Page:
I am pretty chuffed my sourdough starter is still going and I seem to have found my rhythm. After baking the very popular Sourdough Breakfast Cookies a few weeks ago, this Sourdough Focaccia is another bake from the weekly feeding and discarding process.
The original plan was to bake a basic Foccacia with pools of olive oil, a sprinkle or two of sea salt flakes, and a scattering of rosemary leaves but that all changed when Hilary Biller, the food editor of the Sunday Times called me to chat about the upcoming Mother’s Day feature.
As we were in a strict lockdown in South Africa, flowers were not available and she came up with the lovely concept of honouring our moms with floral art on home-baked focaccia. I loved the idea and the timing was perfect as I was planning to bake focaccia. I did some research – floral bread art had become quite a trend on Instagram during lockdowns all over the world – and decided on my design.
I halved a bulb of garlic and used that as the “flower” with spring onion as the stem. As it was for Mother’s Day, I kept the rest of the design light and feminine using fresh thyme, parsley and basil as decoration. You can use any vegetables and herbs as decorations and to your heart’s content. Peppers and tomatoes will add splashes of colour and I have seen some beautiful sunflower designs. Just remember that whatever you place on top will shrink when baked so the more the merrier. Make sure to check out these great decorating tips from Hilary.
The focaccia recipe comes from Alexandra’s Kitchen and pretty much takes a day, depending on the strength of your starter and how warm your kitchen is for proving the dough, so prepare for an early start. But it is without a doubt worth all the time and effort with a definite sense of pride when it comes out of the oven and enjoyed by everyone.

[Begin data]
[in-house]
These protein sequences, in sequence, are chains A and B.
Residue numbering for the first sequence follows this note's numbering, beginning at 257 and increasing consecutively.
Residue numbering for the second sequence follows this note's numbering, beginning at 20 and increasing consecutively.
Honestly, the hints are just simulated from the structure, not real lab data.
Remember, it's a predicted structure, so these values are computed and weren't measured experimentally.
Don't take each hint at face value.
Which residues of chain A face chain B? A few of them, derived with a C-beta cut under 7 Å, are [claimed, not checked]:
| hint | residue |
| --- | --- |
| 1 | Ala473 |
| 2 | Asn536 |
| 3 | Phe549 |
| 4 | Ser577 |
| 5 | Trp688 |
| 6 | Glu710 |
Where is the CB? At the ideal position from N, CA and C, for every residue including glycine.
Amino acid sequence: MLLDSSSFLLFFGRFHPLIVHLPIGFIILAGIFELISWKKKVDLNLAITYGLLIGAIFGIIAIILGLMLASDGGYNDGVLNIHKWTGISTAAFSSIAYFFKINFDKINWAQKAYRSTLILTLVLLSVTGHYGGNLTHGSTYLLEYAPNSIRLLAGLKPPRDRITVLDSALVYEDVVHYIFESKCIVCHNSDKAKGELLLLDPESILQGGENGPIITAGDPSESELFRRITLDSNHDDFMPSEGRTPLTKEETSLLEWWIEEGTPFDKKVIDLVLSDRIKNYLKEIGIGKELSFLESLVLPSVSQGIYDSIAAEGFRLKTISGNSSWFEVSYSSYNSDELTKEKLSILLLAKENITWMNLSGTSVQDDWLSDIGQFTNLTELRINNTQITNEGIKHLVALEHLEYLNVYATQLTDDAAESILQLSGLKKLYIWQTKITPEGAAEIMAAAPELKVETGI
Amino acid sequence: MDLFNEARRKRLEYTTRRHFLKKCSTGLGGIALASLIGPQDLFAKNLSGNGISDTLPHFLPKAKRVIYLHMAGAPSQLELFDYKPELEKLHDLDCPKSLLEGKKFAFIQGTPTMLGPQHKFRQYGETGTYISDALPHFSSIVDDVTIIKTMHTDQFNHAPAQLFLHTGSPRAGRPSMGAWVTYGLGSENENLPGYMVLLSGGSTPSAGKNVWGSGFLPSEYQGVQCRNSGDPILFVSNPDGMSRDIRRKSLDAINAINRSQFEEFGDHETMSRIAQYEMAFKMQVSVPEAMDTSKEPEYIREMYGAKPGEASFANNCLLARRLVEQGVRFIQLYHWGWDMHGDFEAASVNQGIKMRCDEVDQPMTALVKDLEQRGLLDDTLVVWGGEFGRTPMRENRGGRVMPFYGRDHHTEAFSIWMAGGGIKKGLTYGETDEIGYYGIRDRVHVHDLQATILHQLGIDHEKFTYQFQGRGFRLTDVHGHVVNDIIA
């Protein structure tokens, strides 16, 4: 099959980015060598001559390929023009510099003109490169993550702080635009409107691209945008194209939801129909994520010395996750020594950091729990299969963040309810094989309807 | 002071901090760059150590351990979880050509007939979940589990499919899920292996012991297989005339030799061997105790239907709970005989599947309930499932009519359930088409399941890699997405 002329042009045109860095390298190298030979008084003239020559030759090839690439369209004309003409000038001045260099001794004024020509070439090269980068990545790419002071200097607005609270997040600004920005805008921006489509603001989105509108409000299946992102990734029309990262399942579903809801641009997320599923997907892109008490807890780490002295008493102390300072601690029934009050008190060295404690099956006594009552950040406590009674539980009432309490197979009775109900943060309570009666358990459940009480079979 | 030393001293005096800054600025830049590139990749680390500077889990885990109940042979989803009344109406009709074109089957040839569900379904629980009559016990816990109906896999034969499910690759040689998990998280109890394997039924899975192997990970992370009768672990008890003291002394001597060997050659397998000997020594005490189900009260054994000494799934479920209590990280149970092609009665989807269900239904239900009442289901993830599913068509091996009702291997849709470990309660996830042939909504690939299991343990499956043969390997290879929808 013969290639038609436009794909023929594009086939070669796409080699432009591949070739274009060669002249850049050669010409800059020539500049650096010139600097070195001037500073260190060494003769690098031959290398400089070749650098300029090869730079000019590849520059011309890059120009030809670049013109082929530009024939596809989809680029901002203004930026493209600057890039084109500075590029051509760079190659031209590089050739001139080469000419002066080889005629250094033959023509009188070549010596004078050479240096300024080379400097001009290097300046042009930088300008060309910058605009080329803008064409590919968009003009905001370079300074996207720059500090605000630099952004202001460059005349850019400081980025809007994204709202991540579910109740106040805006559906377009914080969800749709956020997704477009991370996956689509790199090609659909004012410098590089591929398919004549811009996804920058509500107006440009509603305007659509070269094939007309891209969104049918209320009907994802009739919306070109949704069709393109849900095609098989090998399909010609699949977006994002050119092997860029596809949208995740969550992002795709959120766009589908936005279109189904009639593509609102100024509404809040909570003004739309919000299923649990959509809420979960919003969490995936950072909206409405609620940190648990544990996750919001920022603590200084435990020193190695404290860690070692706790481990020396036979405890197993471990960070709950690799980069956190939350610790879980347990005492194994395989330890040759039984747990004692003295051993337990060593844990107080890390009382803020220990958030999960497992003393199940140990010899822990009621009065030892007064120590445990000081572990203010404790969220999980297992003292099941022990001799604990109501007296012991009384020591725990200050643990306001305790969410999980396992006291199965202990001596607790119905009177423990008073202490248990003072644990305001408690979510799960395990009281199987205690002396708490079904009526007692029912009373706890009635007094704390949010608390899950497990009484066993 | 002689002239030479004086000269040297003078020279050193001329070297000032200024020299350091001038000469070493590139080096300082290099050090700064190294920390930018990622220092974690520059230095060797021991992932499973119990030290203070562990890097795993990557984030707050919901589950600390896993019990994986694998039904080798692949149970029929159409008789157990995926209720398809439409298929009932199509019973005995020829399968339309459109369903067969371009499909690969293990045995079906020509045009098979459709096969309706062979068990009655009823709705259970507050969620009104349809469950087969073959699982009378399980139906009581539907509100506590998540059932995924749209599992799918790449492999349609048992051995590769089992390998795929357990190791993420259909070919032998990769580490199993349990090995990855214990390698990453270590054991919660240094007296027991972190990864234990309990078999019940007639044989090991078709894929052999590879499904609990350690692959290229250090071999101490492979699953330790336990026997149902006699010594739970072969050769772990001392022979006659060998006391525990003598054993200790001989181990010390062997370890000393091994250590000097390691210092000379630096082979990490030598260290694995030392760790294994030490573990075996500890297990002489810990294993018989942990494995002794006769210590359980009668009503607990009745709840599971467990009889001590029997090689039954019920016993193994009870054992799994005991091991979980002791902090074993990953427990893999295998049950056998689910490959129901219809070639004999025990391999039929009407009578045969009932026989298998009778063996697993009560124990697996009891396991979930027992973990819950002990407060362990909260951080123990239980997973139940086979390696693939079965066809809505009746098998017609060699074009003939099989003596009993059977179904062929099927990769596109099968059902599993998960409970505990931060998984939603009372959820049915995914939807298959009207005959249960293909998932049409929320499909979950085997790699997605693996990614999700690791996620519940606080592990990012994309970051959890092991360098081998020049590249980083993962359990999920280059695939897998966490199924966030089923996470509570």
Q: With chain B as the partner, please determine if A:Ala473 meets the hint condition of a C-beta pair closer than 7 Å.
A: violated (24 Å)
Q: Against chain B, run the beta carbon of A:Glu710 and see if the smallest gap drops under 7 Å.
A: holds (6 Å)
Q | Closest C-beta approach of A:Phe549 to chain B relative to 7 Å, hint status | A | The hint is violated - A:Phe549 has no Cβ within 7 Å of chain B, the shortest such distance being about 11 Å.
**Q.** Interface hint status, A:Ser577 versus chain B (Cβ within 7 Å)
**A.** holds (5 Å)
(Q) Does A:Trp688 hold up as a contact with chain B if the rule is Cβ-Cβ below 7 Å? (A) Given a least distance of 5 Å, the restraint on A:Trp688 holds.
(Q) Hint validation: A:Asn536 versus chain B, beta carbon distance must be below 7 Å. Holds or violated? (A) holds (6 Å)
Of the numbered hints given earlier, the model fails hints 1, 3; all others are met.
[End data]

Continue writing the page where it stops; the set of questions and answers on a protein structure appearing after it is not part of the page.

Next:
I hope you enjoy this recipe for Sourdough Focaccia. If you’ve made the recipe share it with me by tagging @heinstirred on Instagram or Facebook with the hashtag #heinstirred. It is always a treat to see the recipes made and I would love to see your floral art.
- 100 g sourdough discard
- 10 g salt
- 440 g water, room temperature
- 512 g bread flour
- extra-virgin olive oil for greasing and drizzling
- sea salt flakes
- 1 garlic bulb, halved
- fresh basil, thyme and parsley
- Place the discard, salt and water in a large bowl
- Stir to combine a bit but it does not have to be fully mixed
- Add the flour and mix until the flour is fully incorporated (The dough will be quite sticky.)
- Fold the dough by reaching into the bowl and pull the dough up and into the center
- Turn the bowl in quarter turns and continue until you have completed 10 folds
- Drizzle the dough with a splash of olive oil and rub to coat
- Cover the bowl with a tea towel and set aside to rise until the dough has doubled in size - around 6 - 8 hours depending on the temperature of the room and the strength of the starter.
- Make sure not to over prove at this stage
- Once the dough has doubled, pour 2 tablespoons of olive oil in the middle of a non stick pan of around 33cm x 23cm
- Use your hand to gently deflate the dough and release it from the sides of the bowl and gently place the dough into the center of the pool of oil in the pan
- Fold dough envelope style from top to bottom and side to side to create a rough rectangle and turn the dough over so that the seam-side is down
- Rub the top of the dough with more olive oil and leave to rise for another 4 to 6 hours or until puffy and nearly doubled
- Preheat the oven the 200 degrees C
- Rub your hands lightly with olive oil, and using all ten fingers, press gently into the dough to create dimples and stretch the dough to fit the pan
- Decorate the dough with the halved garlic bulbs and herbs or any combination of vegetables and herbs to create an image (remember the vegetables and herbs will shrink so add more rather then less)
- Drizzle the dough with more olive oil and sprinkle generously with sea salt
- Bake for about 25 minutes or until golden and the bread makes a hollow sound when you give it a knock
- Let the bread cool in the pan before transferring to a cooling rack
- Slice after 30 minutes
This recipe first appeared in the Sunday Times Food Weekly